Soft Tools 1 & 2

Ashlee Hick

See it On Campus: Level 1

Visitor Info

Soft Tools , can be found on the first floor in the sculpture studios. Directly to the right of the first floor entrance.

Award Recipient

Landon Mackenzie Graduation Award for Visual Arts

Soft Tools is an ongoing sculptural project dedicated to conversations between the body and the medical world.

Presented in the Emily Carr University Grad Show are the first two iterations of the Soft Tools series; an Inhaler and Epi Pen. Both medical devices have been scaled up and constructed of soft recycled materials. All text and detail work has been hand embroidered, constructed and finished. 


Recycled Fabrics ( Primarily Woven Cotton Varieties ), Thread, Embroidery Floss, Aplique, Poly-Fill

As a child growing up I was faced with many complications to my own health, as well as that of my close family and friends. Such instances vary from minor health conditions to major surgeries and diagnoses. The inspiration for this work stems from the confusion and frustration which accompanies health conversations and decisions especially around young children. The medical world often utilizes dense, cold materials, metals and plastics to deliver care to us, when nothing about those objects feel as though they care for us or are personal.

With devices such as hearing aids, insulin pumps, Epi-Pens, inhalers, etc. being so readily available and necessary to many of our survival, they can often impose a very fearful notion onto young and mature minds. Through the process of enlarging, softening, stuffing and hand detailing, I’ve begun creating more welcoming and tender versions of these everyday objects.

side view of large inhaler soft sculpture
front view of large stuffed inhaler and epi-pen soft sculptures, seated on white background. 
Epi-pen is bent into an "L" shape, while Inhaler is perched in its normal form.
front view of soft sculpture epi-pen, balanced against white background

By enlarging and altering the texture of such common iconographic objects, viewers are invited to interact with the tools in new ways. Visitors at the Grad Show are welcomed to touch, bend, squeeze, and twist the works to their own desire.

The objects themselves are able to be used and interacted with  in a variety of ways. Initially the project was designed to create learning tools for children, to aid them in adapting to carrying personal medical devices. The medical world is often very intimidating and frightening, especially for young minds. It was my intention to provide comfort and familiarity to kids as they learn about their bodies in a fun and engaging way.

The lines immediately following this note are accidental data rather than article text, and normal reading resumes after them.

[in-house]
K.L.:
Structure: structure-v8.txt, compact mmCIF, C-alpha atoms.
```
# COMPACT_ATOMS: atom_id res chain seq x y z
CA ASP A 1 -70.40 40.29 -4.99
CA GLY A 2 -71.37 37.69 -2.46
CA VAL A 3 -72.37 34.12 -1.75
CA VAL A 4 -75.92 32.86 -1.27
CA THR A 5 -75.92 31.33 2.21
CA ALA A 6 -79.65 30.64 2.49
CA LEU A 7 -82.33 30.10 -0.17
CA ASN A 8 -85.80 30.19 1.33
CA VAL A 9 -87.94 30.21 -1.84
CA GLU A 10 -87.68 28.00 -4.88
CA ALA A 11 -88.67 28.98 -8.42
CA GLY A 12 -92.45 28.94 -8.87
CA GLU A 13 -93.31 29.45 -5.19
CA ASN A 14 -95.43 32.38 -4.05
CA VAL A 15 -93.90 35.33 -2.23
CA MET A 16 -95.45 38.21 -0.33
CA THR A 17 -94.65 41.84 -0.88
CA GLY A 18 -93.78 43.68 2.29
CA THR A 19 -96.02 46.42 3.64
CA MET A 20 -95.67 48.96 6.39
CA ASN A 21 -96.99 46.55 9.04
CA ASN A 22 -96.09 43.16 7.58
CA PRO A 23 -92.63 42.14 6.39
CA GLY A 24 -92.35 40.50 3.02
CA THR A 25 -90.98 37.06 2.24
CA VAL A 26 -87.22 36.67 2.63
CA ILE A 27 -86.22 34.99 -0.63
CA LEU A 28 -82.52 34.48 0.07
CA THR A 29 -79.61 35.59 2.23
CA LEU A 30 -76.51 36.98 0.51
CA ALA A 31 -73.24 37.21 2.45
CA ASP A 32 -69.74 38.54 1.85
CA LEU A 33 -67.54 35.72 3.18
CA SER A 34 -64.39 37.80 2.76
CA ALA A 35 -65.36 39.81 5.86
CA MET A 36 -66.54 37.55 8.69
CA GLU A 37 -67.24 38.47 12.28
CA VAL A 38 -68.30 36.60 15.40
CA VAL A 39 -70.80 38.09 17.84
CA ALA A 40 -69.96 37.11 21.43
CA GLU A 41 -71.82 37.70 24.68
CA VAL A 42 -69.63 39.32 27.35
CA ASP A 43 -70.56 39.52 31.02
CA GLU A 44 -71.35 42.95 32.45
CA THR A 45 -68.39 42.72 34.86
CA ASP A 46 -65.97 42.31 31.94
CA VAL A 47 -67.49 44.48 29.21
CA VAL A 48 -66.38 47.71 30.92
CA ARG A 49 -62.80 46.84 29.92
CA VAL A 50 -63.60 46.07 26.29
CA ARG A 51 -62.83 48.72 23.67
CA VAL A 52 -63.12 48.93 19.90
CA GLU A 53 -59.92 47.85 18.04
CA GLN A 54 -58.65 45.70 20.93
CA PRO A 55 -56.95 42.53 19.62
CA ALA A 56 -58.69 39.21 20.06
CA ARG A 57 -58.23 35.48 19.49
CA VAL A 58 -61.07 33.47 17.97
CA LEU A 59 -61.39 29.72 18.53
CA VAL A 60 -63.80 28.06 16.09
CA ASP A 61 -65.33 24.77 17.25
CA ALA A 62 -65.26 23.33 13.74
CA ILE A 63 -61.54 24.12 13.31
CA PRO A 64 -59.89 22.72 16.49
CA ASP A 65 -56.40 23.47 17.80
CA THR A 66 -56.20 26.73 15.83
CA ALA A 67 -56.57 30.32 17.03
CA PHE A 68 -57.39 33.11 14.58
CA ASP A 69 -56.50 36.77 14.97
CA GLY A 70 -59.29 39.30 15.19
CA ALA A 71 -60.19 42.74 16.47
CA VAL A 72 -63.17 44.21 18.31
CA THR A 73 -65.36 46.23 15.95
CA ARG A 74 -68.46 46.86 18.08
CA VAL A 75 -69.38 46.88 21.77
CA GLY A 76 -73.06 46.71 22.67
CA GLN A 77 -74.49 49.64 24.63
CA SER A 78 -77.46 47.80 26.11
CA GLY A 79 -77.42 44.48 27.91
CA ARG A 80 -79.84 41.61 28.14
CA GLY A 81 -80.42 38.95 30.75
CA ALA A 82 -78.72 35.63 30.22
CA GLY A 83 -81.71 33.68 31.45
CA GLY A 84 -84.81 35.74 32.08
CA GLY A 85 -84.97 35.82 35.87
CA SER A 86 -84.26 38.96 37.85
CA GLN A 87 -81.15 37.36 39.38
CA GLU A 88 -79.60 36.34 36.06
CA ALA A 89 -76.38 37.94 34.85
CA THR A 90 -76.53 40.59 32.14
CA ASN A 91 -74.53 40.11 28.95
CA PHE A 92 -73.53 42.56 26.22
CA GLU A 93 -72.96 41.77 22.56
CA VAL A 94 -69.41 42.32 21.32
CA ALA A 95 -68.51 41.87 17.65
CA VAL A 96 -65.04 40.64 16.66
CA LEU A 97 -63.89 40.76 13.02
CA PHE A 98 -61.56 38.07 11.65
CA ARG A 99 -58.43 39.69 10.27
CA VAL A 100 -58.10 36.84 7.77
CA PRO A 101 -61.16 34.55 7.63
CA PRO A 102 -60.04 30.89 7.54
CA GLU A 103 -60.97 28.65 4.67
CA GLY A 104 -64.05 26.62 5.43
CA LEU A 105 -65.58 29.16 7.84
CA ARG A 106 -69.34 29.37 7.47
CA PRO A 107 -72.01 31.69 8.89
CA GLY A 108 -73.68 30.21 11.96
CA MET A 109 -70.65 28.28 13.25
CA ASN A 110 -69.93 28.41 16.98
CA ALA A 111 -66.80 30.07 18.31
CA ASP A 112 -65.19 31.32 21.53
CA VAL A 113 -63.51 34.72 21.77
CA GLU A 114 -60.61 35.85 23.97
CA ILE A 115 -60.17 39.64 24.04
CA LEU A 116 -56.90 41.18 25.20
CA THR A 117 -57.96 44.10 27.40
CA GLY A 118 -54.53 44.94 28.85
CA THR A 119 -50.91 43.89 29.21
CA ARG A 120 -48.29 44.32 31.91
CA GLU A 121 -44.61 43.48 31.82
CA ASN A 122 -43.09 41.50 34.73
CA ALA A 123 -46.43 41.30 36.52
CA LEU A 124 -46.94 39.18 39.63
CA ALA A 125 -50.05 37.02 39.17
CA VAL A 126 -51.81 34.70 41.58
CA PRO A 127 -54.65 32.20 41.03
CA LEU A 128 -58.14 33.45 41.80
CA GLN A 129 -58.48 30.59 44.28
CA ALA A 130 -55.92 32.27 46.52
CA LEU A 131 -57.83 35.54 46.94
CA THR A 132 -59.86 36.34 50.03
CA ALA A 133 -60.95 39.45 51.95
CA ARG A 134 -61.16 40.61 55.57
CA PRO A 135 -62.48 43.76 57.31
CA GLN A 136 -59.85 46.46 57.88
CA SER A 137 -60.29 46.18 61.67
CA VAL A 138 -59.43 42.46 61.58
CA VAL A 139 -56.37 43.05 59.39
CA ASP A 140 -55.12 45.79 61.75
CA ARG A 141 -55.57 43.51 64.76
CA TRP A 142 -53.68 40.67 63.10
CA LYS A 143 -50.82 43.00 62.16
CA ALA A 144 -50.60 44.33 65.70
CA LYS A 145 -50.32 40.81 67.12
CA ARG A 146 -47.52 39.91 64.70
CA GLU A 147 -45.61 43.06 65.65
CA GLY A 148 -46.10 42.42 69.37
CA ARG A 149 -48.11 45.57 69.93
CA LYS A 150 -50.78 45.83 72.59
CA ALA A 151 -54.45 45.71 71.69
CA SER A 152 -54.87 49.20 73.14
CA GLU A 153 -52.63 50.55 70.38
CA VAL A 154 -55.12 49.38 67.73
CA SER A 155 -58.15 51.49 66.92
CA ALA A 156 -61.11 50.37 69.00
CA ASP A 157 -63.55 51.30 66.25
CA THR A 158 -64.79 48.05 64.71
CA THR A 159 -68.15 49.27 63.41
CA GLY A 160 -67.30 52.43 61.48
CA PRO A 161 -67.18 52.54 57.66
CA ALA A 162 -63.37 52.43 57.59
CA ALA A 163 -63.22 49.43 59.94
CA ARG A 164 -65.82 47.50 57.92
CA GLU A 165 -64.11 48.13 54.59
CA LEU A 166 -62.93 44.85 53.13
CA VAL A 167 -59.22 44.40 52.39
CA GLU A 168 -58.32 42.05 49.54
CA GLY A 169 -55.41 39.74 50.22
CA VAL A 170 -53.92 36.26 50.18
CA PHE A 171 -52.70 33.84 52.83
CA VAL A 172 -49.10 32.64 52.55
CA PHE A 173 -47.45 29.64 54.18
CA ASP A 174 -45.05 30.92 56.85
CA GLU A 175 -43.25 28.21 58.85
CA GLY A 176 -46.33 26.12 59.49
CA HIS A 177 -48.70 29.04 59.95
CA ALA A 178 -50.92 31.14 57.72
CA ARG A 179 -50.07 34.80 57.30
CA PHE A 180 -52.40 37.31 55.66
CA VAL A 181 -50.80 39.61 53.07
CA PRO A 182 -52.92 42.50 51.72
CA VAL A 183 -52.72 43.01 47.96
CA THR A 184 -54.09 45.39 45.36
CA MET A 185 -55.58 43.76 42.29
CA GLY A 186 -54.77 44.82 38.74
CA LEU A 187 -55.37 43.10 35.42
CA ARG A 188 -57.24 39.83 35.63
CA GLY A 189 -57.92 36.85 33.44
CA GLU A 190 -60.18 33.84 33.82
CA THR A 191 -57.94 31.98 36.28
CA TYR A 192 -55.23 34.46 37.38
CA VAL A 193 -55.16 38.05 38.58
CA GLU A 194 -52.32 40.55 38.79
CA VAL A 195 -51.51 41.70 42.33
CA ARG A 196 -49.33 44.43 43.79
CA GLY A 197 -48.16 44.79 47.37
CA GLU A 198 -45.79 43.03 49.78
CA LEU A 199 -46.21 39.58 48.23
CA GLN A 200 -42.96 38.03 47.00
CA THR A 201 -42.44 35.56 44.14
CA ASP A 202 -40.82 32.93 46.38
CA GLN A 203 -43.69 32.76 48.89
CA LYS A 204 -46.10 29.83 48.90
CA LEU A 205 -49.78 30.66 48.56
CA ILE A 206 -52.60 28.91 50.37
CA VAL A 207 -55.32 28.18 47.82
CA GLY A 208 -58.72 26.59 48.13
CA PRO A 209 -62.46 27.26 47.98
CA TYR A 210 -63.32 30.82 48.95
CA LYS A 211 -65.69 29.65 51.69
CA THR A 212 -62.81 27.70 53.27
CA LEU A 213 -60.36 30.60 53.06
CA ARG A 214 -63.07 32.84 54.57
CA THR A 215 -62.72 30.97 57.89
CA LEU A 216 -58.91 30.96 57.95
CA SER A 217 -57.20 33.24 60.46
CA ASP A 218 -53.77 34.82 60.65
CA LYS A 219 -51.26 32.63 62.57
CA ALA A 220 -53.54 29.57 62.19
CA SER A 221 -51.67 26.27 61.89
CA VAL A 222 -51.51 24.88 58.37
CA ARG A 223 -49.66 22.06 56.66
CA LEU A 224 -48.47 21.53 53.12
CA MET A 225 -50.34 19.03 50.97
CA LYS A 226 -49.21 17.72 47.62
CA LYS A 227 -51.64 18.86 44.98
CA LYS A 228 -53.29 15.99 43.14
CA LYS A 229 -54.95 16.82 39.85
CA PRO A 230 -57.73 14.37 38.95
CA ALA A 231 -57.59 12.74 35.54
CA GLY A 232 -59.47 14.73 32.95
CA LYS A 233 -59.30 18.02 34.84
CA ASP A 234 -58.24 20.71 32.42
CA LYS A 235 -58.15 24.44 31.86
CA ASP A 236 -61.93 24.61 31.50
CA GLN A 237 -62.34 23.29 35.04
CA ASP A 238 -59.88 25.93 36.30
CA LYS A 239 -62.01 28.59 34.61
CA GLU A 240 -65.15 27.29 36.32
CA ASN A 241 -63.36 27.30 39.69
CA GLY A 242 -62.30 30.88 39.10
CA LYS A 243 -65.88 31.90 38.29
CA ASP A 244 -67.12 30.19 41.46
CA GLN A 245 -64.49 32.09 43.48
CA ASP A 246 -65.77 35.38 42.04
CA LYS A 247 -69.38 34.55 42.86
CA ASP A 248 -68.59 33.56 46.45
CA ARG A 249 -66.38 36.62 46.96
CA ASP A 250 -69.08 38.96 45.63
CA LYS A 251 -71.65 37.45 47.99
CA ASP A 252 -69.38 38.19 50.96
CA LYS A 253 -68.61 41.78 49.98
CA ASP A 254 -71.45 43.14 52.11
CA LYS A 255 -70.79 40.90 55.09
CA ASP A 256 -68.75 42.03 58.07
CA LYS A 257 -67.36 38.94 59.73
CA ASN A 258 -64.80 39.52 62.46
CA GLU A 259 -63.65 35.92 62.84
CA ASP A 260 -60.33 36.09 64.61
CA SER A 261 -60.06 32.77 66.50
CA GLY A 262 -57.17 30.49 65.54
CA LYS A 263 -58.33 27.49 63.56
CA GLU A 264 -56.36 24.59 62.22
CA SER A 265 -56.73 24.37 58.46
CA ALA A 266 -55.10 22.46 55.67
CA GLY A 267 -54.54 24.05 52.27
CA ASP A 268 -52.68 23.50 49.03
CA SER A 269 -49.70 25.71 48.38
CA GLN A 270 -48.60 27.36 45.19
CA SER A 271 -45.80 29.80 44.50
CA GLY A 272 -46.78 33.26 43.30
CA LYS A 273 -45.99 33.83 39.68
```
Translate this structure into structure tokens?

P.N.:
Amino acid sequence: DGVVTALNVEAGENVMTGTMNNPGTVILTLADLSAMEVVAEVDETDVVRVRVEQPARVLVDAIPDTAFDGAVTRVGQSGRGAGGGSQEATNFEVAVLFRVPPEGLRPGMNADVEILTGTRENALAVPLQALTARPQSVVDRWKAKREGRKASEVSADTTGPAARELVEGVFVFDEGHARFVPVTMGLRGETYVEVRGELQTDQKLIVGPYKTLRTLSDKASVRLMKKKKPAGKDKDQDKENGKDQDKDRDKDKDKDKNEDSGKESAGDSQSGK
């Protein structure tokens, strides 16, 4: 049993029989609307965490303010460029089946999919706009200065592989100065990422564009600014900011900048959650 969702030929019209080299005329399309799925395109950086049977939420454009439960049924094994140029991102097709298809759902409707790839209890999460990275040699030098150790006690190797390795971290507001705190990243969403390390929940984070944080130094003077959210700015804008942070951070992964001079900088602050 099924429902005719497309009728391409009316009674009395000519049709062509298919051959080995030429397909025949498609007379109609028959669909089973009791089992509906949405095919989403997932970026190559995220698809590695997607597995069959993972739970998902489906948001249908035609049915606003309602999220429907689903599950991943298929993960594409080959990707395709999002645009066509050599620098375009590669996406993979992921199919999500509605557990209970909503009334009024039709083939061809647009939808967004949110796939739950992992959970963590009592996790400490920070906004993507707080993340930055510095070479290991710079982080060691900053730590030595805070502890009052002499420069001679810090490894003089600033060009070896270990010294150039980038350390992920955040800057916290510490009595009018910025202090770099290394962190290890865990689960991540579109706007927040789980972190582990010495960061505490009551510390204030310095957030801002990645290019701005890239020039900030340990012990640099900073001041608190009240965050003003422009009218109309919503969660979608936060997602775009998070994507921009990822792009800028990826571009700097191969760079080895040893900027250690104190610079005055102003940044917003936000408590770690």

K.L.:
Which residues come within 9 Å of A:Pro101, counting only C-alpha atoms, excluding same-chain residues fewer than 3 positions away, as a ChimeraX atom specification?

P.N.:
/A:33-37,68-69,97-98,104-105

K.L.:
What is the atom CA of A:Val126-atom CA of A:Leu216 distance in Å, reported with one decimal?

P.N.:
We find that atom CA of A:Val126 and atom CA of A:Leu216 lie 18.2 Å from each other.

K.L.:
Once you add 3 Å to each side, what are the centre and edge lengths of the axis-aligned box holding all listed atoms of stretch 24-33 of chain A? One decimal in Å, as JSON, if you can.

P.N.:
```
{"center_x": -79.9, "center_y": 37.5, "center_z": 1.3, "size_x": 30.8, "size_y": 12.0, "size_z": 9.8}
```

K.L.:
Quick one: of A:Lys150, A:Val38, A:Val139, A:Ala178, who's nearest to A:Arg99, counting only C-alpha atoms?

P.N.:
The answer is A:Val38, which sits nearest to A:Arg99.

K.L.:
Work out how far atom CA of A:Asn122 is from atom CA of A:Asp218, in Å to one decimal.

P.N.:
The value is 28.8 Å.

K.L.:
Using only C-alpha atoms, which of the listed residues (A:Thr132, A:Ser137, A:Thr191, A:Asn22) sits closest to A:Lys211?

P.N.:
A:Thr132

Once created however, the work took a more conceptual approach to connecting to viewers. People became inclined to hug and hold the Inhaler and Epi Pen, shifting the initiator of care from device to user, as though the viewers needed to support the sculptures.

Many older viewers often note after seeing these tools which they have been interacting with daily for their whole lives, in a soft – large format, brings them a sense of comfort and contentment. For many these devices bring up strong emotions and attachments. The immediacy of the objects demands that they be seen and acknowledged, giving them recognition and importance.

Woman leaning over to hold up stuffed inhaler sculpture, blank background.
Arm holding out large stuffed Epi-pen sculpture, blank background

What happens when a small everyday object becomes large? 

How do we handle objects differently depending on their materials?

Do we feel the same connection to things when they become absurd? 

Can we interact with common objects in new ways?

How much do we truly understand about our body’s relationship with medical tools?

Detail image of “Inhaler” sculpture – Detail image of “Epi-Pen” sculpture

Ashlee Hick

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Ashlee Hick is an interdisciplinary artist from Prince George B.C. whose work surrounds themes of bodies and how they are ever changing and adapting. Her current practice primarily deals with textile and drawing based mediums, often touching on self identity and insecurity. Ashlee uses personal experiences with eating disorders, body dysmorphia and body shaming to shape her work, and critique modern society’s views on adverse bodies.

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